Beyond the Book: Background information when reading Down the Nile

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Down the Nile

Alone in a Fisherman's Skiff

by Rosemary Mahoney

Down the Nile by Rosemary Mahoney
  • Critics' Opinion:

    Readers' Opinion:

     Not Yet Rated
  • First Published:
    Jul 2007, 288 pages
    Paperback:
    Sep 2008, 304 pages

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Book Reviewed by:
Diane La Rue

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Print Review

Rosemary Mahoney

Some people categorize Rosemary Mahoney as a travel writer, but she is much more than that label suggests. Her intellectual curiosity, fearlessness, and ability to craft beautiful prose, along with her uncanny knack for being in the right place at the right time, have led to her success.

Her first adventure occurred when she was seventeen and sent a letter to her idol playwright Lillian Hellman, asking for a summer job. What she thought would be a summer sitting at the feet of her mentor ended up with her being a servant to a rude woman.

Mahoney's memoir of this summer is titled, A Likely Story; One Summer with Lillian Hellman, and while reviewers praised her writing, some people criticized her for invading Hellman's privacy. But Mahoney does not blame Hellman completely, she takes her share of the blame for her naïve, youthful expectations.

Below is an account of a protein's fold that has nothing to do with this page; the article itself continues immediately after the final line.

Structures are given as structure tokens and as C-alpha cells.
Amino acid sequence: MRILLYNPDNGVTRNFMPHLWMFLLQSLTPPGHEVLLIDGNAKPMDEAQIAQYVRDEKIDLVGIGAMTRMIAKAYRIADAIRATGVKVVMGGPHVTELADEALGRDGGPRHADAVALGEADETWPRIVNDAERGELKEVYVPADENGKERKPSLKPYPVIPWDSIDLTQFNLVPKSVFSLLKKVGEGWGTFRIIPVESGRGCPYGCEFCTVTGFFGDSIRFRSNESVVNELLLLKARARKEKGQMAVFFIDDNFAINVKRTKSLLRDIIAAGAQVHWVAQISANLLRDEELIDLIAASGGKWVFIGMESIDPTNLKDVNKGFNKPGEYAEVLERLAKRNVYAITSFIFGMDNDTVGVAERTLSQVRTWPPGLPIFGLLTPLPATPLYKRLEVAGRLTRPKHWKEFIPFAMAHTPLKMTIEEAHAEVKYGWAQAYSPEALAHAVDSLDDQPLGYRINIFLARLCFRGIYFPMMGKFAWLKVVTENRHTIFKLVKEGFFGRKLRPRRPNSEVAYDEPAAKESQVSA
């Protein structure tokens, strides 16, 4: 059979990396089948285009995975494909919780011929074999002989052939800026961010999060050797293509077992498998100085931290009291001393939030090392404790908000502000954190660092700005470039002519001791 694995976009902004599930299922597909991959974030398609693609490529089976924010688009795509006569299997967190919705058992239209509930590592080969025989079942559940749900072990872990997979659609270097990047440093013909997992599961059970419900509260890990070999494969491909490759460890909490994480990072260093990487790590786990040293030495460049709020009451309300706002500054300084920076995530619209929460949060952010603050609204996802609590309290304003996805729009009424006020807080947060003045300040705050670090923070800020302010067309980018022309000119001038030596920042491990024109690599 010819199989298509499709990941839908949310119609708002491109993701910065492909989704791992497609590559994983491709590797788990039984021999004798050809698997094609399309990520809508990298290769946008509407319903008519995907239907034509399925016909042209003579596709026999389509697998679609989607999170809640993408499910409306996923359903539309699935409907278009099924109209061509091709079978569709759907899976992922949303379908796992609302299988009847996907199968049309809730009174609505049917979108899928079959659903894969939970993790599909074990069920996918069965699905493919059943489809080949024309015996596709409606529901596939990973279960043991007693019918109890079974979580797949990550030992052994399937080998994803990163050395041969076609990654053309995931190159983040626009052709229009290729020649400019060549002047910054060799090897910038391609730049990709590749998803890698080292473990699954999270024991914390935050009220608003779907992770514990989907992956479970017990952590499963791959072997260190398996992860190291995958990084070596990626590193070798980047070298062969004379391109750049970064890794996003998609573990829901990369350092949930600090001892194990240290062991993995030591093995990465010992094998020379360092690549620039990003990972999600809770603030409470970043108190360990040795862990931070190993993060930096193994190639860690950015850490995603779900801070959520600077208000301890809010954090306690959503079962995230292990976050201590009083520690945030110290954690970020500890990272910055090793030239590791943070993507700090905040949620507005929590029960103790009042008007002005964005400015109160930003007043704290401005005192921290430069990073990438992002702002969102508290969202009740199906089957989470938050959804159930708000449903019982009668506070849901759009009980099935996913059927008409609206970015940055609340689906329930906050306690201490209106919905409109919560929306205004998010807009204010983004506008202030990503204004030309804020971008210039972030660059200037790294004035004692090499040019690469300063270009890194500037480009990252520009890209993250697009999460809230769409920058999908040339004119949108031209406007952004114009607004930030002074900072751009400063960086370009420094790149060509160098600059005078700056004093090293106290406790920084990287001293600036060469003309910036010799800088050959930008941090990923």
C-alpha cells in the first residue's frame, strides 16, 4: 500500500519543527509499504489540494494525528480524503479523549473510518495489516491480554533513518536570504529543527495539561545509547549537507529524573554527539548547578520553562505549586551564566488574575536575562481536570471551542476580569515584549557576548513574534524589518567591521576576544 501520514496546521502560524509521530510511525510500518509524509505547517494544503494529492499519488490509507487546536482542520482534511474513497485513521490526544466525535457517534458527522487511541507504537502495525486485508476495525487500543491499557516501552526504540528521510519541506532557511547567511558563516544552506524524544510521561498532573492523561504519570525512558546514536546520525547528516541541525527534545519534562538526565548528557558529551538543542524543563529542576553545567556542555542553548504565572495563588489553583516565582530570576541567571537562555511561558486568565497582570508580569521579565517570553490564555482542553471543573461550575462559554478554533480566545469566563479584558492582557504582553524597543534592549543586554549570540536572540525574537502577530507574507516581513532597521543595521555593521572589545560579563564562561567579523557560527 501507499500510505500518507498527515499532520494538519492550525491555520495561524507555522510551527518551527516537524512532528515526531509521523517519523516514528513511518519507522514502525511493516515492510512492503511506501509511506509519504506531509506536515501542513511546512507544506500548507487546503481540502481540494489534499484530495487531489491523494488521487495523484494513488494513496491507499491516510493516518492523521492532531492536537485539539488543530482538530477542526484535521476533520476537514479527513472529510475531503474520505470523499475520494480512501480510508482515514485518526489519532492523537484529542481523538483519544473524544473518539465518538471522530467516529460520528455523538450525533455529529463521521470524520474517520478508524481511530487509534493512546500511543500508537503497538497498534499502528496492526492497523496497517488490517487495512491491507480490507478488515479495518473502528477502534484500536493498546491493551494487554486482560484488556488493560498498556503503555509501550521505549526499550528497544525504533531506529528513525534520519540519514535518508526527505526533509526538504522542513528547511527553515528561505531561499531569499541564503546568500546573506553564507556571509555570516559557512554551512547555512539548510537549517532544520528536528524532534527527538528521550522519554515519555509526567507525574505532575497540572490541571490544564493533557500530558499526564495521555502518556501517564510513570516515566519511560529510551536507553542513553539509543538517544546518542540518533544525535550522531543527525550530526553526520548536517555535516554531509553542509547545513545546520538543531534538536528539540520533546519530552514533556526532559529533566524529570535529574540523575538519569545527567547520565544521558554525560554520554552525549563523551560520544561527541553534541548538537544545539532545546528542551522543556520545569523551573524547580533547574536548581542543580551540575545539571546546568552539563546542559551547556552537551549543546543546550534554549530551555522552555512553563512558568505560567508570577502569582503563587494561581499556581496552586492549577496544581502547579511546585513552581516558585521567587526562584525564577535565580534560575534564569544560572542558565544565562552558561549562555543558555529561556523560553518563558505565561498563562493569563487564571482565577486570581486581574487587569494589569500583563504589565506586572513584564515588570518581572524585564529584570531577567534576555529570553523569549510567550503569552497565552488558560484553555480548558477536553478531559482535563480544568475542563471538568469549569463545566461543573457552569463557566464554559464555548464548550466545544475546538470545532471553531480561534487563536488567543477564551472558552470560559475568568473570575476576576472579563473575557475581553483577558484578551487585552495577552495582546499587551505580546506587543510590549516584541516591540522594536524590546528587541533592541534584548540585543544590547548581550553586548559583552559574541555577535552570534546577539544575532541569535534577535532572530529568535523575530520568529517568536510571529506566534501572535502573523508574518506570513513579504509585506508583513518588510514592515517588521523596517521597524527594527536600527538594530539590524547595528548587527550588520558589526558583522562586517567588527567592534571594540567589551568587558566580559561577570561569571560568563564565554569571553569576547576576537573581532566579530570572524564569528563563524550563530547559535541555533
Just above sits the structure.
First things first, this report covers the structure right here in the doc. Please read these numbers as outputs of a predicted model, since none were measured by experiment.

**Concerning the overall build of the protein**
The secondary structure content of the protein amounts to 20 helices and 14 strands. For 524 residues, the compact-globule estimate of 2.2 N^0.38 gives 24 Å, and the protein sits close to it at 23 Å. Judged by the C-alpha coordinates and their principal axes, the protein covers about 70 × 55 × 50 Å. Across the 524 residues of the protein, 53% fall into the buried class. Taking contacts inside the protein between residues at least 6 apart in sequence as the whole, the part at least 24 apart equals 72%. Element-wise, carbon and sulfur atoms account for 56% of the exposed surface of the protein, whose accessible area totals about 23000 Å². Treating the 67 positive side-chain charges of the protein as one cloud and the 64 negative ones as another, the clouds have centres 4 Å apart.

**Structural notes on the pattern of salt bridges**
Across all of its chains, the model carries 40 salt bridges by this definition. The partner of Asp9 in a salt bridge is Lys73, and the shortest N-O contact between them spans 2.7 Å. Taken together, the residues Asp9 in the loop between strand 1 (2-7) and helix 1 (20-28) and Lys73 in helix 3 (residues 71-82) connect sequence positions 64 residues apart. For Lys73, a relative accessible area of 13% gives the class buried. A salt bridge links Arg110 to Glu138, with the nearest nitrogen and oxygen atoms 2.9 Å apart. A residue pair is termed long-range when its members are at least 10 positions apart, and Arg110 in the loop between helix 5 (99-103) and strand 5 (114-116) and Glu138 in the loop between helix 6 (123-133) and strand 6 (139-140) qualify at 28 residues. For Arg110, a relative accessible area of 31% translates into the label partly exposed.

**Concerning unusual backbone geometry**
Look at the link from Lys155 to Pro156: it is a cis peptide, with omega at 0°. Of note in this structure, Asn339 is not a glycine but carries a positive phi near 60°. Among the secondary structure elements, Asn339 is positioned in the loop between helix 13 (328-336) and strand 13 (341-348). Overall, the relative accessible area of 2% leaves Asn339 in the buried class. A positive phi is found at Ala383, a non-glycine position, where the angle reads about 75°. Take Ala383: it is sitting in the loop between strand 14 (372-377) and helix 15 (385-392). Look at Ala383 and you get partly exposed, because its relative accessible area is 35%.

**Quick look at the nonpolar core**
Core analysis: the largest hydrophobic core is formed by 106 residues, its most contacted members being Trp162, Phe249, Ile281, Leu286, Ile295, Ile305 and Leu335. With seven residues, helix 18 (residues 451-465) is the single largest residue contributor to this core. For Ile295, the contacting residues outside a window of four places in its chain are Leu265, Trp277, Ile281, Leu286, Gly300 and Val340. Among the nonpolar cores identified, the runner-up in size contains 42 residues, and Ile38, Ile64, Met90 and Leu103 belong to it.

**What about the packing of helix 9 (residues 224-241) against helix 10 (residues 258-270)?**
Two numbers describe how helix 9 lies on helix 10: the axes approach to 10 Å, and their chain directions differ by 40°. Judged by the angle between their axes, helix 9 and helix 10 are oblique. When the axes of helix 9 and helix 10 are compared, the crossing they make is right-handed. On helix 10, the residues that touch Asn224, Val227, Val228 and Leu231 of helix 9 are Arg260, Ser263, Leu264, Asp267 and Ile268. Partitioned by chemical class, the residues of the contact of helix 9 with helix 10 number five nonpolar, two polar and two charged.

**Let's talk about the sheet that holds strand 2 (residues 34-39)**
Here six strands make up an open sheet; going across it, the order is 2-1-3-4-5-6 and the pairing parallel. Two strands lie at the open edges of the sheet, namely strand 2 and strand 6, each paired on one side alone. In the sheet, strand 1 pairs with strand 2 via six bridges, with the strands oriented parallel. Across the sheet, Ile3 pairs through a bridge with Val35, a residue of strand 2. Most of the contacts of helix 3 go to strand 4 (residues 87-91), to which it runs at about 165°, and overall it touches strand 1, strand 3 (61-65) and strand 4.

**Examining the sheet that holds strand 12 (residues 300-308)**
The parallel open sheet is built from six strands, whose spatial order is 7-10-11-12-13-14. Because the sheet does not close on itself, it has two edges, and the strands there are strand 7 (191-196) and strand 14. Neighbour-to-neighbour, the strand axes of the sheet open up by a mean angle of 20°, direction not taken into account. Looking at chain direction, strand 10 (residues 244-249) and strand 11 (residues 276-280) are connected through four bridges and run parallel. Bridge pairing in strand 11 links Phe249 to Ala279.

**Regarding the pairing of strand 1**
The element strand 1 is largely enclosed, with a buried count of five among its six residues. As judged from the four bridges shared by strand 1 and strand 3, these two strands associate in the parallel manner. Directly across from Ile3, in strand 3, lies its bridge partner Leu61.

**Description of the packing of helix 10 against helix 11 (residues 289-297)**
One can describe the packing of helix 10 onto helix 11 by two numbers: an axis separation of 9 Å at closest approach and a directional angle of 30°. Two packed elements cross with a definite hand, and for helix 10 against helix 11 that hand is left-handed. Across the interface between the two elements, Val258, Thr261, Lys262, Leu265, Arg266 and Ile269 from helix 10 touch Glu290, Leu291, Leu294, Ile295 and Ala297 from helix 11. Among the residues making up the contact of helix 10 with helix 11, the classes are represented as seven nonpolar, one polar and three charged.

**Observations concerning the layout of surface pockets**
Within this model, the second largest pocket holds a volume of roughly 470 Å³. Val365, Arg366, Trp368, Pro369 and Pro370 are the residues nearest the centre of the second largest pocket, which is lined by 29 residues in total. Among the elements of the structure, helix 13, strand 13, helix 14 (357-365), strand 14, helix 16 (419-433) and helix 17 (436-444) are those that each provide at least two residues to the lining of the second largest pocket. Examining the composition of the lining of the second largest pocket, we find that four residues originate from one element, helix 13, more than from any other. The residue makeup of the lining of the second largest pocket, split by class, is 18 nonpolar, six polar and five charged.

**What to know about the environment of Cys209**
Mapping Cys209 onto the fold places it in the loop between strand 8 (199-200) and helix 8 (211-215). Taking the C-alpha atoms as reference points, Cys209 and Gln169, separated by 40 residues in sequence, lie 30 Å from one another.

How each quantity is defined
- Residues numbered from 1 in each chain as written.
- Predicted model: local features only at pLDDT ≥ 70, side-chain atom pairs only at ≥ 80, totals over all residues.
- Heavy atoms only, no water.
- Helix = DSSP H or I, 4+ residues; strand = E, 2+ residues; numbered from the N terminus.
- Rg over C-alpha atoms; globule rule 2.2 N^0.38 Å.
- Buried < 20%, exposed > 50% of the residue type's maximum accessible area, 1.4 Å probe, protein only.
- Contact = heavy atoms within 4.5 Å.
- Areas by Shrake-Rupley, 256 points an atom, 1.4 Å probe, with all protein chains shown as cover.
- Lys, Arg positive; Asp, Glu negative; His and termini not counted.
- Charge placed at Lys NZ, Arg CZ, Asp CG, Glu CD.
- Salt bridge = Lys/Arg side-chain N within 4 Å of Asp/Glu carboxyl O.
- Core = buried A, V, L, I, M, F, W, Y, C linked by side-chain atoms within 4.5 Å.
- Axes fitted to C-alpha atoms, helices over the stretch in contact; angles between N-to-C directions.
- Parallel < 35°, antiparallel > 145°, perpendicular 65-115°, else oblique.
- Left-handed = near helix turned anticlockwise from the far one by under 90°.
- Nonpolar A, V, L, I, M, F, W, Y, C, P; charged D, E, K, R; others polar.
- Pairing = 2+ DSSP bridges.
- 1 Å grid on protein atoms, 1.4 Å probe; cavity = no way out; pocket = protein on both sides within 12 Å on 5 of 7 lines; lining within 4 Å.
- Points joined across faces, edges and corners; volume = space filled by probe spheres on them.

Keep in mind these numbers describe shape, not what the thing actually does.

The year prior to the Tianamen Square protests in China, Mahoney had the fortune to be involved in a teacher exchange between Harvard and Hangzhou University. The Early Arrival of Dreams; A Year in China, her account of this year, was named a New York Times Notable Book.

Mahoney was able to give readers a first-hand account of how the Communist Party persecuted intellectuals, and how the tensions grew that year into the protests that the entire world watched unfold the next year. She was in the right place at the right time, and her book gives insight into this difficult period in modern Chinese history.

Whoredom in Kimmage; The World of Irish Women was also named a New York Times Notable Book, as well as a National Book Award finalist. Mahoney visited Ireland to study the role of women in a changing Irish society. She visited small pubs in rural Ireland, a lesbian pub in Dublin, schoolgirls, a Legion of Mary meeting, and the first female president of Ireland.

Religious pilgrims are the focus of The Singular Pilgrim; Travels on Sacred Ground, a book that looks at Mahoney's quest to visit religious shrines to discover the beliefs of modern pilgrims. Among other trips, she walks the five-hundred-mile Camino de Santiago in Spain, rows the Sea of Galilee, and bathes in the waters of Lourdes.

All of her books are described on her website, rosemarymahoney.org, where she also shares photos from her trip to Egypt to row down the Nile. These photos are gorgeous and add greatly to the enjoyment of her book, but it would have been more informative if they were labeled.

Additional reading:

Article by Diane La Rue

This article is from the November 12, 2008 issue of BookBrowse Recommends. Click here to go to this issue.

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